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Morning Rounds Shraddha Chakradhar

Can contact tracing work to prevent another lockdown in the U.S.?

(ALEX HOGAN/STAT)

Even as states such as Alaska and New York are working to increase the number of trained contact tracers to keep track of Covid-19, experts are cautioning that for the method to work in the U.S., the country is going to need a lot more money, more people, and more cooperation than what's currently in place. There are many logistical complications: With around 20,000 new Covid-19 infections daily, that means a lot of new people to track down and trace, a big task given the limited number of tracers available. But even focusing on smaller clusters of cases could be useful. "[E]ven if we can’t stop all transmission, it’s still a really important effort to keep case counts low,” infectious disease epidemiologist Emily Gurley tells STAT's Andrew Joseph. More here


Here's more of the latest with Covid-19: 

  • The Boston Marathon has now been canceled after being rescheduled to September from April — the first time the race won't take place in 124 years. Mayor Marty Walsh said the event this year "is not feasible for public health reasons." Other major marathons may still be held: New York City's is still scheduled for November, while London's (also postponed from April) is on track for early October. 
  • Some of the biggest names in gene therapy, including pioneer James Wilson, are rallying behind using the technology to come up with a possible Covid-19 vaccine. A Massachusetts Eye and Ear team is collaborating with Wilson's team at UPenn to develop the vaccine, known as AAVCOVID, and Novartis' gene therapy arm has also signed on to manufacture supplies of the experimental vaccine at no cost for human trials. 
  • There have been 208 Covid-19-related attacks on health care workers across 13 countries since March, according to the International Committee of the Red Cross. The actual number of incidents, which have ranged from verbal threats to burning down facilities housing Covid-19 patients, are also likely to be much higher than what the agency calculated, ICRC President Peter Maurer shared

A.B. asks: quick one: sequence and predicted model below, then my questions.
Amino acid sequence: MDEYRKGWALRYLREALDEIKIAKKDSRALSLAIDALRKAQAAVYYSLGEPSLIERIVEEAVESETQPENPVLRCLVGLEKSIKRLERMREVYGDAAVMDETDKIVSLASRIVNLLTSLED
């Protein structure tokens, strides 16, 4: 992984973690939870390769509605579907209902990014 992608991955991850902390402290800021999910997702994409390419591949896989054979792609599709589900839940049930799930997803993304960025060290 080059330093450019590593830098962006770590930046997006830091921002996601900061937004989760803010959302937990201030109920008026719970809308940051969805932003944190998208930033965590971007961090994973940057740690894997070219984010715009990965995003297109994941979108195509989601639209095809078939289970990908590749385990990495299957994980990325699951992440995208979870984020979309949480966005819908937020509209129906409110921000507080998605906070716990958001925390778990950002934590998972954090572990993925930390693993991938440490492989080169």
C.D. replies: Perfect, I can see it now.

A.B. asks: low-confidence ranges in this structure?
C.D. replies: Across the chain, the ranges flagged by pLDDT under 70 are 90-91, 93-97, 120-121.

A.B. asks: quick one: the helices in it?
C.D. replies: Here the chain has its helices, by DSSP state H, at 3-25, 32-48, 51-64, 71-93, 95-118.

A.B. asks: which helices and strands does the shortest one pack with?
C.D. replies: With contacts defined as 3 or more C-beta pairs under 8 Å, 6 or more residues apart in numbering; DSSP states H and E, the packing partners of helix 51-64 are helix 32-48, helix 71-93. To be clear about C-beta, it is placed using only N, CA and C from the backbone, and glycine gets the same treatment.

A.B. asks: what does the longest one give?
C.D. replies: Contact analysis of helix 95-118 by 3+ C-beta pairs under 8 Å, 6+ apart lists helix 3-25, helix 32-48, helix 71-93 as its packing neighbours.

U.S. adults still afraid to go to a hospital over Covid-19 fears

A new survey reinforces the fact that many Americans' fears of contracting Covid-19 at a hospital are keeping them from seeking essential care. The new survey, conducted by the Society for Cardiovascular Angiography & Intervention, included responses from around 1,000 U.S. adults over the age of 30. It found that 36% of respondents view going to the hospital as risky behavior, which is higher than the number who view going to a salon as risky (27%) and those who would reconsider going to the beach (16%). Asked further about going to a hospital, 61% said they felt they were somewhat or very likely to acquire Covid-19 there. Half of respondents said they were more afraid of contracting the infection than they were of experiencing a heart attack or stroke, while nearly 60% said the same about a family member. 

CVS to test prescription delivery via self-driving vehicles

Self-driving vehicles may soon may be delivering prescriptions to homes. CVS Pharmacy announced yesterday that, starting next month, it would partner with technology company Nuro to test its self-driving vehicles to bring prescriptions and other products to some customers in the Houston area. Nuro has already tested its vehicles for Domino's Pizza delivery and grocery delivery with the Kroger chain. With the CVS partnership, customers will receive their prescriptions within an hour of placing the order. When the self-driving vehicle pulls up, customers will have to confirm their identity in order to unlock the vehicle and get their supplies. Self-driving vehicles are the latest attempt at automating delivery: CVS partnered with UPS to test delivering prescriptions via drone in one North Carolina city. Walgreens has also tested delivering orders via drone, although it hasn't yet included prescriptions.